There’s an idealization of a kind of unity that existed once upon a time but has been ruined over the past 100 years.
Right, so you can get back to that by using Tawhid and Tanzih as your means of political legitimacy. This concept, he says, is reflective of the people’s will, so it’s not anti-democratic. What is anti-democratic are these autocratic leaders who rule with an iron fist and with an ideology that is incongruent with the region’s history. In his mind, being more conservative and being more democratic aren’t at odds with one another.
So he sees different versions of “tutelage” in the region.
Where I think the argument runs into problems is that it’s nearly 100 percent based on the Turkish experience. He’s arguing about Turkey and he expands upon it and applies it to the Middle East. That’s where he runs into problems because each society is a little different. You can see that his criticism is basically criticism of the republican government in Turkey and where it has failed. You can see reflections of this both in domestic policy and how they execute foreign policy.
I’d like to talk about the end of the Cold War, and how suddenly there seemed to be a new opening up of opportunities for Turkey in the region. How does Davutoğlu’s conception of foreign policy differ from Turgut Özal’s in the 1980s?
Davutoğlu has panned Özal for his prescription that what he was doing was “neo-Ottomanism,” because he thought the term was too shallow - a political slogan that didn’t have much meaning. So right off the bat he tried to differentiate himself from what Özal was doing. But their understanding primarily comes from the same place: Turkey needs to expand in the Middle East and Central Asia to benefit both economically and politically.
Özal was a conservative guy, and Davutoğlu is also a conservative guy, but the difference is really a byproduct of when they governed. In the 1980s, the Cold War was still going on, and the concern in Turkey remained tightening ties with the United States, NATO, and Europe. But Davutoğlu came about from the mid-1990s up to the present, when the tide has turned completely.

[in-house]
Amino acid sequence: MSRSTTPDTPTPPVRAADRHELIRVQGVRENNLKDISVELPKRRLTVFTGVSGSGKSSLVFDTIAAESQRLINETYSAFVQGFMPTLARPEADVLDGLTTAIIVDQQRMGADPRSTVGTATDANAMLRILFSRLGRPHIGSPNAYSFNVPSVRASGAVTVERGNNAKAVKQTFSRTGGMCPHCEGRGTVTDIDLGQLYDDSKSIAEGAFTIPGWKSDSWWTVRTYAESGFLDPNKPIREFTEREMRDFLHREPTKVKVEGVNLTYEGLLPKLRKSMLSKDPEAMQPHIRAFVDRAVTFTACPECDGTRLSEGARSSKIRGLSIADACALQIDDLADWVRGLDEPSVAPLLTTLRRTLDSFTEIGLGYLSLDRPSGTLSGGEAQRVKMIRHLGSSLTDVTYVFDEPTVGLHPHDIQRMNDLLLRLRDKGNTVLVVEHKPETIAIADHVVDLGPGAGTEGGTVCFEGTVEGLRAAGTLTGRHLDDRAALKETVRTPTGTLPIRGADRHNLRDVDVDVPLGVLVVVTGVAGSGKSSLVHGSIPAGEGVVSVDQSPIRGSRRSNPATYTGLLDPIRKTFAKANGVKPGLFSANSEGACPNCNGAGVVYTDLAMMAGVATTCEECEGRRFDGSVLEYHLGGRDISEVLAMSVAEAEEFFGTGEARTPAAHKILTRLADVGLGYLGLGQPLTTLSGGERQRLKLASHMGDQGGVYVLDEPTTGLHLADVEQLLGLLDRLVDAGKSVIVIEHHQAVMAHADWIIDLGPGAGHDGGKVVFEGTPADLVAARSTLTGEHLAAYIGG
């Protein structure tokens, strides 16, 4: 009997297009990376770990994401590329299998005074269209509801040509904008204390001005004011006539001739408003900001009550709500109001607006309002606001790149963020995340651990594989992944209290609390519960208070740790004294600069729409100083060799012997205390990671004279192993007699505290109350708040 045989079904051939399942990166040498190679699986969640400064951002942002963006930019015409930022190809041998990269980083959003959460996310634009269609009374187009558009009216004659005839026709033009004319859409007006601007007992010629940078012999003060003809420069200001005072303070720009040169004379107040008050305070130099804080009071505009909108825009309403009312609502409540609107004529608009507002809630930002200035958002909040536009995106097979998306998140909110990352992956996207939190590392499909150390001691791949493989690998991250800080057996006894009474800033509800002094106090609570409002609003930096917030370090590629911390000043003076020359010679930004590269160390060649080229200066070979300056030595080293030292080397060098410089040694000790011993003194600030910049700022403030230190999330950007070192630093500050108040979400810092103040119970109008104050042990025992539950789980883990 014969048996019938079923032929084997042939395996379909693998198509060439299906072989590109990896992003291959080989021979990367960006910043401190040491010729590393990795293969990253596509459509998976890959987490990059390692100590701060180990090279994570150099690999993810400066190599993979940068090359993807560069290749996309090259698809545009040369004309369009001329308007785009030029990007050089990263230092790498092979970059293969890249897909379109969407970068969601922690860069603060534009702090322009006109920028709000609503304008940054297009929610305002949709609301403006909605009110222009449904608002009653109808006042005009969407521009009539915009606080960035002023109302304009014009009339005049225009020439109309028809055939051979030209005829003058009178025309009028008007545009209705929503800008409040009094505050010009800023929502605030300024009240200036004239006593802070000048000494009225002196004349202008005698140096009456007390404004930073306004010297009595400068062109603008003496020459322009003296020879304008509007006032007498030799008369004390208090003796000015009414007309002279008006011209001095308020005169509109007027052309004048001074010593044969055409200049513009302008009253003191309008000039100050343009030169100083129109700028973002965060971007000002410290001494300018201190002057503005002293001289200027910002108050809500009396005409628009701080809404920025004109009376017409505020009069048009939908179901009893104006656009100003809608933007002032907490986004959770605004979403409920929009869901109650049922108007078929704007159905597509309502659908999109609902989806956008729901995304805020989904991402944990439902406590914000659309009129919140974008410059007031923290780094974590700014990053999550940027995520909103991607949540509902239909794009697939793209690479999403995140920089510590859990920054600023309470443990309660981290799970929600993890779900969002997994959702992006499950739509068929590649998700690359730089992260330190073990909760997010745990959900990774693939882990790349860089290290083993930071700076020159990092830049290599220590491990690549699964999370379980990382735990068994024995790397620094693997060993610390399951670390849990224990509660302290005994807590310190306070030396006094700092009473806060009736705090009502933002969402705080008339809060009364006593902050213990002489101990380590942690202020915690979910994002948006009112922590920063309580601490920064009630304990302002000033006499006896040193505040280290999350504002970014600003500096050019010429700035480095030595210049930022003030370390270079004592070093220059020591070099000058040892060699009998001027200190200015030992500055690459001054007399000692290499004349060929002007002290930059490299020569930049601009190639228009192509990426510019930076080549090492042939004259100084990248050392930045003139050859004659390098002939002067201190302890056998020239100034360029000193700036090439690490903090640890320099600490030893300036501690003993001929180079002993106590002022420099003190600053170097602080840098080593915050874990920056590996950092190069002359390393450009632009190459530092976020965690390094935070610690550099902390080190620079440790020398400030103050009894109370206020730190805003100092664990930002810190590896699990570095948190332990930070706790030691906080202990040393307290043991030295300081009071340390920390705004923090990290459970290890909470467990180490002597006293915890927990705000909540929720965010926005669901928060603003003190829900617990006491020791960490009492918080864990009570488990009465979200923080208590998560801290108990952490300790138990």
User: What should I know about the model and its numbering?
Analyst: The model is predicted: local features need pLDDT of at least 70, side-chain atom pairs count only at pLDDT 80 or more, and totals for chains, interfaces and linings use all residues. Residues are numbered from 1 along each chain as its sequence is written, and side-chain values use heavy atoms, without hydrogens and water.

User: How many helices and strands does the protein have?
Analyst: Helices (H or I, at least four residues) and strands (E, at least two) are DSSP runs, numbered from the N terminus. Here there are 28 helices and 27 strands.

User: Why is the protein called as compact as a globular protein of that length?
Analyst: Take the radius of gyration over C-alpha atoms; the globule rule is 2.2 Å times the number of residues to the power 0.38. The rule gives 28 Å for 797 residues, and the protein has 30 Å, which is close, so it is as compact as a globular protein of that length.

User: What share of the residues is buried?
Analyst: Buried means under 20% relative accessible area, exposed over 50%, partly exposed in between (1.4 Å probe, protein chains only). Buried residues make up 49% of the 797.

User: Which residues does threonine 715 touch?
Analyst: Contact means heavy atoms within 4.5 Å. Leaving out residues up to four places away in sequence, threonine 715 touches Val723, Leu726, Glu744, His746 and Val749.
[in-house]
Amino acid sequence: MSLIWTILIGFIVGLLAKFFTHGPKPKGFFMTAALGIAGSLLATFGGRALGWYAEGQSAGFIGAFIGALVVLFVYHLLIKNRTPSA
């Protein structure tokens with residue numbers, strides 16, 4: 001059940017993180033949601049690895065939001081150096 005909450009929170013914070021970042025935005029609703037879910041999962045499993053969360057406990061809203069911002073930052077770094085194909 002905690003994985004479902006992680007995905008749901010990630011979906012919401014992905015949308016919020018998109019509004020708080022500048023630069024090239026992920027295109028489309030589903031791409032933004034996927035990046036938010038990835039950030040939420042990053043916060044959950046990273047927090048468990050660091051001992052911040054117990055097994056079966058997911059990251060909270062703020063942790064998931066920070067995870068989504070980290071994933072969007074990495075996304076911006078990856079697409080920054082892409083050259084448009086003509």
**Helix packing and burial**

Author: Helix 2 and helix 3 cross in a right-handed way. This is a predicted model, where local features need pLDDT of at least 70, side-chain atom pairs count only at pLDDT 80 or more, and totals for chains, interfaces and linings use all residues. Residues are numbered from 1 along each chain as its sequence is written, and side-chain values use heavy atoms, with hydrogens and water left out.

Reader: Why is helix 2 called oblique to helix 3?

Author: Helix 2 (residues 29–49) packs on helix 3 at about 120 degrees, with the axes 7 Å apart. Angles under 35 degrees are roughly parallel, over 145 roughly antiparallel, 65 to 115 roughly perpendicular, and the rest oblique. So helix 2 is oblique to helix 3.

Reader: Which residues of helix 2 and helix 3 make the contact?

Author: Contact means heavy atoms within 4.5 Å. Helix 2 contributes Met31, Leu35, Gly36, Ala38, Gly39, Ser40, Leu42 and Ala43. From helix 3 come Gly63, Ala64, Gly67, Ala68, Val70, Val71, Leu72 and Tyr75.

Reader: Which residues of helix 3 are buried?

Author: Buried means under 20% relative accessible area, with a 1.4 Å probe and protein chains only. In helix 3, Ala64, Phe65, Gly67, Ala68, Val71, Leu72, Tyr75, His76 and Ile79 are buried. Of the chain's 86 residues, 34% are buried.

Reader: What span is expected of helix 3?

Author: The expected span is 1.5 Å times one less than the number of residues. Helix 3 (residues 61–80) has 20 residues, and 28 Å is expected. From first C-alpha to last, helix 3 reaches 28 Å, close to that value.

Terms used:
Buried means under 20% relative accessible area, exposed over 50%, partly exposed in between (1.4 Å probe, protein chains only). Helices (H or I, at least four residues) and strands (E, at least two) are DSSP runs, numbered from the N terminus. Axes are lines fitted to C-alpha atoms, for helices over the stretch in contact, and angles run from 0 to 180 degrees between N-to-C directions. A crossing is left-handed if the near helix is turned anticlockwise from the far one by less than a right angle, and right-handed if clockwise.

The difference is not only that, but they view their relationship with the U.S., the West and NATO as being different. Özal was happy to prove his worth to the U.S., and the example of that is the decision-making leading up to the 1991 Gulf War and Turkey’s decision to participate the way that it did. Davutoğlu, on the other hand, views the relationship with the U.S. as important, but he sees that up until very recently Turkey was relegated to the periphery of decision-making, so it wasn’t making decisions independently and therefore was not a self-confident nation. So he talks all the time about trying to change Turkey’s psychology, and moving from the periphery of global decision-making into the center.
There are two angles to this. The first angle is where the term “rhythmic diplomacy” comes in: Turkey needs to be more active on international stages - the U.N. Security Council, the G-20, marching for Charlie Hebdo, you name it. The second is domestic: There needs to be more democracy because Davutoğlu says that the republicans, the previous agents of tutelage - that’s not exactly what he says, but I’m using their language - adopted this psychology and were happy to be on the periphery, rather than in the center. So Turkey needs to become more democratic, and more emblematic of its own people, and when it does that it will be able to make decisions based upon its own interests rather than those of the West.
But to be clear, things were moving in this direction whether the AKP came to power or not. Non-AKP scholars were writing the Özal-type thing in the 1990s - “we need to get over this Cold War mindset, we need to expand.” The difference really is the marriage of the ideology of Davutoğlu and how aggressively they’ve pursued it.